Opinion: VA fails veterans, putting single-payer, government-run system on display

Elizabeth Hovde of the Washington Policy Center, ‘our veterans are not guinea pigs and need to stop being treated as such.’

Elizabeth Hovde of the Washington Policy Center, ‘our veterans are not guinea pigs and need to stop being treated as such’

Elizabeth Hovde
Washington Policy Center

Well, this is embarrassing. And dangerous. And writing on the wall. 

Elizabeth Hovde
Elizabeth Hovde

A computer system’s failure to deliver orders at Spokane’s Veterans Affairs hospital, part of the government’s single-payer health system, caused harm to at least 148 veterans, says a draft report by a federal watchdog agency. 

The system “failed to deliver more than 11,000 orders for specialty care, lab work and other services – without alerting health care providers the orders had been lost,” The Spokesman-Review reports. The problem is being compared to undelivered mail. Read more about the glitch and individual harm that was done here.

The electronic health record system causing trouble is developed by Cerner Corporation and was launched at Spokane’s Mann-Grandstaff VA Medical Center in 2020. The company signed a $10 billion contract in 2018 to deliver the new system and final costs are now expected to top $16 billion. 

U.S. Sen. Patty Murray, D-Bothell, rightly toured Mann-Grandstaff this month and said, “It is absolutely unacceptable” that patients are being put at risk by failures in the Department of Veterans Affairs’ electronic health records system, according to The Center Square

She’s right. Let’s hope her attention turns to action. Our veterans are not guinea pigs and need to stop being treated as such. People in charge have failed to halt the system, which is rolling out across the nation, despite its life-threatening problems. 

While the rollout of any new system will have bumps, issues had been highlighted, problems remained and the system was still pushed ahead at other facilities in March, 2021 — Walla Walla’s VA medical center and its affiliated clinics in Washington, Idaho and Oregon. The Spokesman-Review writes, “The draft report reveals top VA officials were told the flaw presented ongoing risk five months before they deployed the system at those facilities.”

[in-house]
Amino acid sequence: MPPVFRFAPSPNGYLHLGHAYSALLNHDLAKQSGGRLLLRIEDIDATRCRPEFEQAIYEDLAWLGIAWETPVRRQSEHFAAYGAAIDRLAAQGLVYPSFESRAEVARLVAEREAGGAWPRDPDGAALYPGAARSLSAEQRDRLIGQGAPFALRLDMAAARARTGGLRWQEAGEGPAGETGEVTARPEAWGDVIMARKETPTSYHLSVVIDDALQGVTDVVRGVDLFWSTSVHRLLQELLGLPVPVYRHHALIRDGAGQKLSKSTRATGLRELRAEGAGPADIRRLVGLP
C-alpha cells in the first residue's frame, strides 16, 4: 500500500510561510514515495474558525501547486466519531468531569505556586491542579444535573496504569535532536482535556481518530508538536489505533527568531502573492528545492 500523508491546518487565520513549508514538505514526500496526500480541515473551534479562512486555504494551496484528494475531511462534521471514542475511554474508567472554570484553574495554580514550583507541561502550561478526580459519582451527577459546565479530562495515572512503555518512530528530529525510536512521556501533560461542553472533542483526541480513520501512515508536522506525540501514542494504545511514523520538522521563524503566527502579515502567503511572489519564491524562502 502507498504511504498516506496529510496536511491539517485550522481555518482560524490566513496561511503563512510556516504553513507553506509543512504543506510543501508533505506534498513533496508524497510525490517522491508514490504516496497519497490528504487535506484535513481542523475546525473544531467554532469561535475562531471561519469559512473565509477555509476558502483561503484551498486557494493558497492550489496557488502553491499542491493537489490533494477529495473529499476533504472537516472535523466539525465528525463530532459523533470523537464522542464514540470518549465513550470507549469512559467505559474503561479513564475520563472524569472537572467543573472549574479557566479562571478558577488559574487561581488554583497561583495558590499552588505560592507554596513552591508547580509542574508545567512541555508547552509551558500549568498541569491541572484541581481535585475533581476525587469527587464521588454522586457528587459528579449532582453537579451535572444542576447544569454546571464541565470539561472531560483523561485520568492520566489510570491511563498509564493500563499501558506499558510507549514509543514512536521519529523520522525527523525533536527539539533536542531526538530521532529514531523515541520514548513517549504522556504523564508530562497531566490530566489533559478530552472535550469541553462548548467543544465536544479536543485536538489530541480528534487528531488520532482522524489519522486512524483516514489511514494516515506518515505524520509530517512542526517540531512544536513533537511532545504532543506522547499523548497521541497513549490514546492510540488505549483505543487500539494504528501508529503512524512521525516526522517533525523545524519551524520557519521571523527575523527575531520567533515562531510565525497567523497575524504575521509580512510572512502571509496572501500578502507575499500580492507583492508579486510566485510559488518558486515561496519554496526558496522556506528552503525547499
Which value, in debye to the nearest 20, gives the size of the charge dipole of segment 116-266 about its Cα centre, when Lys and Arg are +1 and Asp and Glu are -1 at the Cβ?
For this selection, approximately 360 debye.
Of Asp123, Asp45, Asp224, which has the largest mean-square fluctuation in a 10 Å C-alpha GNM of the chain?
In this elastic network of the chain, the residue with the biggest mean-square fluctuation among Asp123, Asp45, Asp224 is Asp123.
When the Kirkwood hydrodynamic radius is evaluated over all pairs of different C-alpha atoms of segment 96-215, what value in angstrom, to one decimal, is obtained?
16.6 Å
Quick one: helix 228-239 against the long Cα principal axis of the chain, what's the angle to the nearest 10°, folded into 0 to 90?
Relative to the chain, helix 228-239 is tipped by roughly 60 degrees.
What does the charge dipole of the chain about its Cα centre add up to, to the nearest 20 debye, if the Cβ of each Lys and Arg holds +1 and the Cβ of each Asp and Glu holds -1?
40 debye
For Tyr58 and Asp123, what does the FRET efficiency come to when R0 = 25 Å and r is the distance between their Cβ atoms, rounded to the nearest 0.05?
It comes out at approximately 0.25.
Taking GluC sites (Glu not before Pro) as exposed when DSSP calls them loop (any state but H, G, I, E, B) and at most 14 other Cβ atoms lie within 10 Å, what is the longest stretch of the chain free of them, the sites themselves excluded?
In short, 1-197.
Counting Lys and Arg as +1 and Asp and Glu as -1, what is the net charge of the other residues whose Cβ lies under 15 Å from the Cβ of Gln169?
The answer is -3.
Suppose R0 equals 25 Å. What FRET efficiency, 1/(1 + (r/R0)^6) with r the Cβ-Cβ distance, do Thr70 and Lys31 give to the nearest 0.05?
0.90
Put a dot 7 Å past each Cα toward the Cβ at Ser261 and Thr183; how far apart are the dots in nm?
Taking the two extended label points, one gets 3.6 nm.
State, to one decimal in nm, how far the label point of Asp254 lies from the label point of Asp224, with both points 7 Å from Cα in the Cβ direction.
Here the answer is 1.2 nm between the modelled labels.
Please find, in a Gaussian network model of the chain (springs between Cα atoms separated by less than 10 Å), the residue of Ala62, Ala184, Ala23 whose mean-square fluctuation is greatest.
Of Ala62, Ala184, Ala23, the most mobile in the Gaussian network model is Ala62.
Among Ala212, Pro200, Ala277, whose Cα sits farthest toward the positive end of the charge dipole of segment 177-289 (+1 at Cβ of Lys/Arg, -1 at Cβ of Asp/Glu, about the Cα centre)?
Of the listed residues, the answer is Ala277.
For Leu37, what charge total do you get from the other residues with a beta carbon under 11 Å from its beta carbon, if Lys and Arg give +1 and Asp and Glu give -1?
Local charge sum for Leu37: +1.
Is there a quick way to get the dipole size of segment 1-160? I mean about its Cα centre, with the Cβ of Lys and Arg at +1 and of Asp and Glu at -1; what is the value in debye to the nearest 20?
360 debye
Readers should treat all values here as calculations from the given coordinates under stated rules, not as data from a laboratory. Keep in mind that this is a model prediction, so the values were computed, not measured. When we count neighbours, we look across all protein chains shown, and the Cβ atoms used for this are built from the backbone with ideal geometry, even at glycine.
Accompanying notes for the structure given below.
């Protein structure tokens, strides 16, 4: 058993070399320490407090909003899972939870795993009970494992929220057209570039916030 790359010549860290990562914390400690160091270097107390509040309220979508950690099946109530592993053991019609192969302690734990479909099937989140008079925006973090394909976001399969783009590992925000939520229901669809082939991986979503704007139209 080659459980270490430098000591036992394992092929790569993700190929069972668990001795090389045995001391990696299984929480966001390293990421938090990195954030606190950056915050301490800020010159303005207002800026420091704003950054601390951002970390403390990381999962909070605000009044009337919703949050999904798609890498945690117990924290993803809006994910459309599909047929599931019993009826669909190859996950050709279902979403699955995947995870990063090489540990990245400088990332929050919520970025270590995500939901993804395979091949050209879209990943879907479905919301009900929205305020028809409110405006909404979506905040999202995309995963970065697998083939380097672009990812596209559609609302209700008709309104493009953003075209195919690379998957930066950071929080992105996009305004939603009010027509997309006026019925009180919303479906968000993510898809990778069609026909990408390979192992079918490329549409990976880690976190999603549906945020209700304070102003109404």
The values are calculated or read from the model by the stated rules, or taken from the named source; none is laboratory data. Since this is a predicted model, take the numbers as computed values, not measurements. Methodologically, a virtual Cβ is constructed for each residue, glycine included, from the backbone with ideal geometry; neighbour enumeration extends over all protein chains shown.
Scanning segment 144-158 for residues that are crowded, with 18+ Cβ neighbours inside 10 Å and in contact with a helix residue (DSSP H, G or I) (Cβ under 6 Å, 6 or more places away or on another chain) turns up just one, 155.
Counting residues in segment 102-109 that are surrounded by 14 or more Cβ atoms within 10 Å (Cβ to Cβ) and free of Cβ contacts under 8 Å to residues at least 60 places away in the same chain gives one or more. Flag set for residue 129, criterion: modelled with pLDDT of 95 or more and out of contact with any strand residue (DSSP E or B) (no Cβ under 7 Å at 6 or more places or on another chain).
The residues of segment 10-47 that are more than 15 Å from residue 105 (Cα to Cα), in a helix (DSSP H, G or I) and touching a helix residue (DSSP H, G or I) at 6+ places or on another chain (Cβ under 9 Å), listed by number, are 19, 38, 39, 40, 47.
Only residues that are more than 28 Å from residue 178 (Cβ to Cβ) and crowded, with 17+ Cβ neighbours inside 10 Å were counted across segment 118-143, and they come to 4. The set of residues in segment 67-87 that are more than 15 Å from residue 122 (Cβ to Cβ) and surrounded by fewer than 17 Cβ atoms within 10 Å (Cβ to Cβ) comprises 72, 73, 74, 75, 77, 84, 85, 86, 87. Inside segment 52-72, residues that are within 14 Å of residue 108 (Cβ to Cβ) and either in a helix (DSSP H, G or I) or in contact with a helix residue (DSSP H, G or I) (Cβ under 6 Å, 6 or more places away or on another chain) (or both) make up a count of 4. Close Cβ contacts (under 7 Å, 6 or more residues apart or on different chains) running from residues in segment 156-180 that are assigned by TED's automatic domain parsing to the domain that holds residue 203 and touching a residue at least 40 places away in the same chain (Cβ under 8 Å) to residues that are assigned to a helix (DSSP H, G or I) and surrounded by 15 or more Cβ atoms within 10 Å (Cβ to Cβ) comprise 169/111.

Previous newspaper coverage and Office of Inspector General reports have identified problems with the system. And this OIG draft report, the content of which was obtained by The Spokesman Review from multiple sources, now shows how pervasive the problems have been and concludes harm has been done to veterans. An April OIG report also said that the “VA has not accurately executed a reliable and comprehensive schedule for full system implementation, revealing deficiencies that could result in schedule delays and leave VA vulnerable to billions of dollars in potential cost overruns.”

The administration is not being appropriately responsive to known problems and continues to adopt an inadequate computer system. It is, as Murray says, absolutely unacceptable.

The VA system is not only costly with inconsistent medical care results, it’s an American example of a single-payer, government-run system. We should run from the attempts in our state to decrease competition in the health care system and increase government dependency, leaving our health care at the mercy of a monopolistic system that does not need to be timely or responsive to patients.

Policymakers should give veterans meaningful choices among private providers, clinics and hospitals, so vets can choose their own doctors and directly access quality care that meets their needs. Best of all, when the routine break-downs of a government-run system threaten to harm them again, as happened in Spokane, veterans can take their well-earned health benefits and find help elsewhere.

Elizabeth Hovde is a policy analyst and the director of the Centers for Health Care and Worker Rights at the Washington Policy Center. She is a Clark County resident.

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